WATERTOWN — International Center for Agribusiness Research and Education (ICARE) director Arthur Grigoryan was in the United States recently, during July, on a fundraising trip. ICARE (http://icare.am/), he explained, has expanded greatly since its establishment in 2005 from education in agribusiness and marketing to encompass training in wine production, greenhouse crop production and soon, an ecofarm. It also conducts various types of research, going as far afield as aquaculture.
It all began as a joint project with Texas A&M University to provide a certificate program in agrobusiness and marketing in Armenia. The graduates would use their newly acquired knowledge in applied economics and business to further Armenia’s food and agriculture production. Grigoryan said, “I am a graduate of that program too, so I grew from being a student and faculty member, to doing development at ICARE, to being a director. That program was and is very successful.”
Today there are about 100 students at ICARE, and many of them are enrolled in this program. ICARE expanded, Grigoryan said, from providing education at the undergraduate level to including the master’s level. It initiated various practical certificate courses.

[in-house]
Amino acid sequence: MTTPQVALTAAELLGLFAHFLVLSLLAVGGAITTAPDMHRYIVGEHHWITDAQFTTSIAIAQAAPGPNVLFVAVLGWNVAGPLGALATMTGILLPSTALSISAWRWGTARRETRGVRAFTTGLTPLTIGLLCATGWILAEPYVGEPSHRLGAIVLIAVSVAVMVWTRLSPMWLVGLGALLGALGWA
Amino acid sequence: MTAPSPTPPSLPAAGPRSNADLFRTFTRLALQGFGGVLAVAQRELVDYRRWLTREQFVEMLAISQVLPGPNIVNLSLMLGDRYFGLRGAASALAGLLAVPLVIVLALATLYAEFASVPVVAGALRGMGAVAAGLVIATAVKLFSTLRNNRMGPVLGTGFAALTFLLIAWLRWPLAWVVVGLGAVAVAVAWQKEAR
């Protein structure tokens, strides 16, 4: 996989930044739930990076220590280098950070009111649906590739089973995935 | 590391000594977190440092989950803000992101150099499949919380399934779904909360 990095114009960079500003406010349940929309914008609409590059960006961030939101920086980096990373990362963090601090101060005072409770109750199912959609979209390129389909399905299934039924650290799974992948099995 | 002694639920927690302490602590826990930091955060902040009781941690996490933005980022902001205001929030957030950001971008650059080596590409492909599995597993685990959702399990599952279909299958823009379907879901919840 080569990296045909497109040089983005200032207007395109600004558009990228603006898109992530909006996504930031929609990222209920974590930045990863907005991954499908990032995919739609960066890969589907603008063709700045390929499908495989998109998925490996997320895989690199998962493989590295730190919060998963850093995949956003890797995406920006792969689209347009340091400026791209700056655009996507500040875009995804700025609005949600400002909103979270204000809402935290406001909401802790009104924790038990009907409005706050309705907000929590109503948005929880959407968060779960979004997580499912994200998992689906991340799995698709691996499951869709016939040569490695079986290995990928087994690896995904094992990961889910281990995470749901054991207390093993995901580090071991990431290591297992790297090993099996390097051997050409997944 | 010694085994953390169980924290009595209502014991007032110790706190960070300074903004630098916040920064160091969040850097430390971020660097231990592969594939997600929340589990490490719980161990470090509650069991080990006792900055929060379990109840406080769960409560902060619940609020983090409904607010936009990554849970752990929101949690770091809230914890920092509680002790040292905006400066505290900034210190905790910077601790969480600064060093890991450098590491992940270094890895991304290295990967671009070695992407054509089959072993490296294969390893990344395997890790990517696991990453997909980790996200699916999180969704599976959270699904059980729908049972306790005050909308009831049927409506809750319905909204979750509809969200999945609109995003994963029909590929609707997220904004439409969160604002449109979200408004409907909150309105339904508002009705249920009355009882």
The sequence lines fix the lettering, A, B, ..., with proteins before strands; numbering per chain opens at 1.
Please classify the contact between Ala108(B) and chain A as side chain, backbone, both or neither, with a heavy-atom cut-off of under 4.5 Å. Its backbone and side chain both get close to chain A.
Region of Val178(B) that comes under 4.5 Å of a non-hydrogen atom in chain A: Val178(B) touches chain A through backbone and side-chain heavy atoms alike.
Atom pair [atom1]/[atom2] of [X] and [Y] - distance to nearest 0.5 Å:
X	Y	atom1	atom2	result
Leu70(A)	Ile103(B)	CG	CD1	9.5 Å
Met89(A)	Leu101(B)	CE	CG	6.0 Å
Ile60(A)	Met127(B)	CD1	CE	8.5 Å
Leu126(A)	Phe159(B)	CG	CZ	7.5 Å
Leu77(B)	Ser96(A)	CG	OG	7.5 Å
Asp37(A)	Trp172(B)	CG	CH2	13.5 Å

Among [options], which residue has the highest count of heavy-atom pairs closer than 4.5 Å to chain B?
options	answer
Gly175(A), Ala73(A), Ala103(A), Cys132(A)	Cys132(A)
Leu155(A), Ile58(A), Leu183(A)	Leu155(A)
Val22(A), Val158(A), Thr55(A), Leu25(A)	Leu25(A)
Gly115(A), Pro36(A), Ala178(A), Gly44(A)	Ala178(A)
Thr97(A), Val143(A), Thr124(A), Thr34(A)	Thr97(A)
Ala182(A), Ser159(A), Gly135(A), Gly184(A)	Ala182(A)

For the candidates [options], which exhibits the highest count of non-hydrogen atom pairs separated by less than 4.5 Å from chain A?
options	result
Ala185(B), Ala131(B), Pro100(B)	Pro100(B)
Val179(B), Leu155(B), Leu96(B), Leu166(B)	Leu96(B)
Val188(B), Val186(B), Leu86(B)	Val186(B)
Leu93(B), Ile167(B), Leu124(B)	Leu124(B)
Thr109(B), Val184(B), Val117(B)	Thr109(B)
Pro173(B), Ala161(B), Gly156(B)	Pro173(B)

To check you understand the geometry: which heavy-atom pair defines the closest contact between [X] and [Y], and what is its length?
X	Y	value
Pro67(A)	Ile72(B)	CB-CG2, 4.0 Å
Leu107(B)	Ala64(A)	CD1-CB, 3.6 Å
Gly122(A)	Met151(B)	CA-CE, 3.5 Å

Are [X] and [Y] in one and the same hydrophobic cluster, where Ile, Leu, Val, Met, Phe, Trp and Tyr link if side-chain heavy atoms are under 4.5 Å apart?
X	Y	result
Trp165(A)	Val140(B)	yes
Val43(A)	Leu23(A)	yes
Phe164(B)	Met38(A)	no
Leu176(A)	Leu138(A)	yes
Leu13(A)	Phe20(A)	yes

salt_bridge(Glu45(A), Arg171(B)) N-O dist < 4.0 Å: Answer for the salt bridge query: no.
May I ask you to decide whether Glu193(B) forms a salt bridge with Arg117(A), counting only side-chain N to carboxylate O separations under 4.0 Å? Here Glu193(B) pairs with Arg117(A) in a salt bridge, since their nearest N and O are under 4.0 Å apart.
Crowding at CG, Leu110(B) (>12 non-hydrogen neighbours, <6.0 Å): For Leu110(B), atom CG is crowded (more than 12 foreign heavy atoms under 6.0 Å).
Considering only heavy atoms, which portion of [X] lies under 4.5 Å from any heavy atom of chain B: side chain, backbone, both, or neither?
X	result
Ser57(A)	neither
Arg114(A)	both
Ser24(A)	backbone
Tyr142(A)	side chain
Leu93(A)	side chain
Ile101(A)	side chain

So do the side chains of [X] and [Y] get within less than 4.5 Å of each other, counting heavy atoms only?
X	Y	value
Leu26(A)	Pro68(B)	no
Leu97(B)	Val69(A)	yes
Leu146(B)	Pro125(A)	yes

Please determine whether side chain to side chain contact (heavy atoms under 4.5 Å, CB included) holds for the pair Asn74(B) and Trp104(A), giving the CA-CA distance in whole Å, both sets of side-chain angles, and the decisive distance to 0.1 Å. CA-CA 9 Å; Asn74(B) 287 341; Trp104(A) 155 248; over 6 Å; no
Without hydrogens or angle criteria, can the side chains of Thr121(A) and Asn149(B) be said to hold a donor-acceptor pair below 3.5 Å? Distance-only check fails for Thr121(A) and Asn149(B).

Vinification and Teaching Skills for Employment
Grigoryan said, “We realized some years ago that as the wine sector was beginning to grow in the mid-2000s, we need to prepare good winemakers, and wine businessmen and business women.” Diasporan and local Armenians were establishing modern wineries but needed winemakers with the requisite modern knowledge. These were not available locally so they had to bring them from France, Italy and elsewhere, which was very expensive. Instead, ICARE founded EVN (like Yerevan’s airport code) Wine Academy, which by now has 60 graduates.
Three of them, Grigoryan said, have established their own wineries, including one called Alluria (http://alluria.wine/). He said, “I am especially proud of it because it produces non-mainstream wines. It is something similar to biodynamic — it is not really biodynamic but it is wild fermentation. Alluria is trying to move towards wild dynamic wine production.”